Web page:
Claimant asserts, correctly, that Section 316 directs the referee and the Board to consider only the best interest of the employee or his dependents when determining whether or not to grant Claimant's commutation petition. Claimant argues that the referee and the Board erred in denying his commutation petition based on the erroneous analysis that it was not in the best interest of Employer. Claimant also argues that the referee and the Board erred in not granting the commutation when the parties had reached a binding agreement to do so.

At the hearing, claimant attempted to introduce evidence of the written communications between his counsel and a Senior Claims Examiner for Employer wherein the parties agreed to settle the claim for $40,000. The referee ruled that any testimony concerning any agreement was inappropriate in this forum in order to prove a a settlement because if "any settlement is struck and it does not follow the requirements of the Worker's Comp[ensation] law, I cannot rule in accordance with that." (September 22, 1992 Hearing, N.T. p. 25.)

A review of the record shows that the referee denied the petition on the grounds that Claimant was not entitled to seek a commutation from Employer, and not because it was not in Employer's best interest. Specifically, the referee found, in Finding of Fact No. 5, that:

As a result of the Claimant's work injury at Griffith Cadillac and concomitant total disability, the Claimant began receiving maximum workers' compensation benefits from Griffith Cadillac's insurer, Kemper Insurance, thereby eliminating for the time being Consolidated Freightways' obligation to provide workers' compensation benefits to the Claimant.

The referee therefore concluded that because Employer was not obligated to pay Claimant any disability benefits, Claimant was not entitled to a commutation from Employer. In affirming the referee, the Board concluded that:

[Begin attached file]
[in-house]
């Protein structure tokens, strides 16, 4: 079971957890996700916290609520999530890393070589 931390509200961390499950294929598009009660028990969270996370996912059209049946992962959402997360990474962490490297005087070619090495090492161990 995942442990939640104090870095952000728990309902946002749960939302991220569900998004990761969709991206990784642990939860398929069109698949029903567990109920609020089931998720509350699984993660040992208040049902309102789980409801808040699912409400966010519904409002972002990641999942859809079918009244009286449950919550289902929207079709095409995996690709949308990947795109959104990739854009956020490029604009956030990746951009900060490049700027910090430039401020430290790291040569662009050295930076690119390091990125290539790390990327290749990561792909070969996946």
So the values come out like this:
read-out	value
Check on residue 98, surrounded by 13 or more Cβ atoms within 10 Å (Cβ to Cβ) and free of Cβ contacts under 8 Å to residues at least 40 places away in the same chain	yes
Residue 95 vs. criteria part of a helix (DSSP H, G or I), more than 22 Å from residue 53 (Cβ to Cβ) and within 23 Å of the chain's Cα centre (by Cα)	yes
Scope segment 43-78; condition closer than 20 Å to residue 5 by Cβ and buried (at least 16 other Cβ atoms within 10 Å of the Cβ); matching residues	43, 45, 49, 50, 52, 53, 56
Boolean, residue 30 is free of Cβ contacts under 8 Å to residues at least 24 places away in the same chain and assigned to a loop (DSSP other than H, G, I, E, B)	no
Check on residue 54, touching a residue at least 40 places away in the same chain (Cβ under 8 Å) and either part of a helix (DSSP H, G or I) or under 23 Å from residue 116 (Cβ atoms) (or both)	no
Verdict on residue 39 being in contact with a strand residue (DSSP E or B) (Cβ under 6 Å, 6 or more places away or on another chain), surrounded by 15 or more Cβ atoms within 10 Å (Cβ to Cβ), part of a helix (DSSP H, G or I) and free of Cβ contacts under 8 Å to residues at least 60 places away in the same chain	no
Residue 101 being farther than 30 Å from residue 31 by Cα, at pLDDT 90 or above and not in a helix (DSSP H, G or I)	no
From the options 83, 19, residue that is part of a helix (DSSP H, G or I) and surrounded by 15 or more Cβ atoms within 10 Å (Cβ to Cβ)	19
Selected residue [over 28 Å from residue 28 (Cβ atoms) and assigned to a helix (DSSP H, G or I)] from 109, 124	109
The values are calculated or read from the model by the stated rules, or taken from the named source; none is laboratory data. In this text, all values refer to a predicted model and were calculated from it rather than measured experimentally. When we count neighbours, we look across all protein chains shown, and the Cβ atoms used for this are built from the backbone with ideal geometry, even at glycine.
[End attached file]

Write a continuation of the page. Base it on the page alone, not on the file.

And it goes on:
In the present case Defendant had no immediate obligation to pay benefits and the likelihood of payment in the future could not be established. It is more than theoretical that Defendant would never be called upon to pay any additional benefits to Claimant. Ordering a commutation at this time would not reasonably protect the interests of Defendant.

Contrary to Claimant's assertions, it is apparent that both the referee and the Board were discussing the threshold issue of whether or not Claimant was even entitled to seek a commutation of benefits before reaching the issue of whether a commutation would be in the best interest of Claimant. As we see it, Claimant, while currently totally disabled and receiving total disability benefits from Griffith Cadillac, was seeking to simultaneously commute his partial disability benefits from Employer. However, since "disability" is synonymous with loss of earning power, Claimant "cannot be unable to earn any wages (totally disabled) and at the exact same time be capable of earning some wages (partially disabled)." Hartner v. Workmen's Compensation Appeal Board (Phillips Mine Mill, Inc.), 146 Pa. Commw. 167, 176, 604 A.2d 1204, 1208, petition for allowance of appeal denied, 531 Pa. 662, 613 A.2d 1210 (1992). Accordingly, because Employer is under no obligation at the present time to pay Claimant partial disability benefits, Claimant is not entitled at this time to seek a commutation of these benefits, and it is irrelevant whether there was at one time an agreement by the parties to commute benefits. The referee and the Board correctly concluded that Claimant's petition should be denied.

The order of the Board is affirmed.

ORDER

AND NOW, this 6th day of January, 1995, the order of the Workmen's Compensation Appeal Board at No. A93-1279 is affirmed.

PELLEGRINI, J., dissents.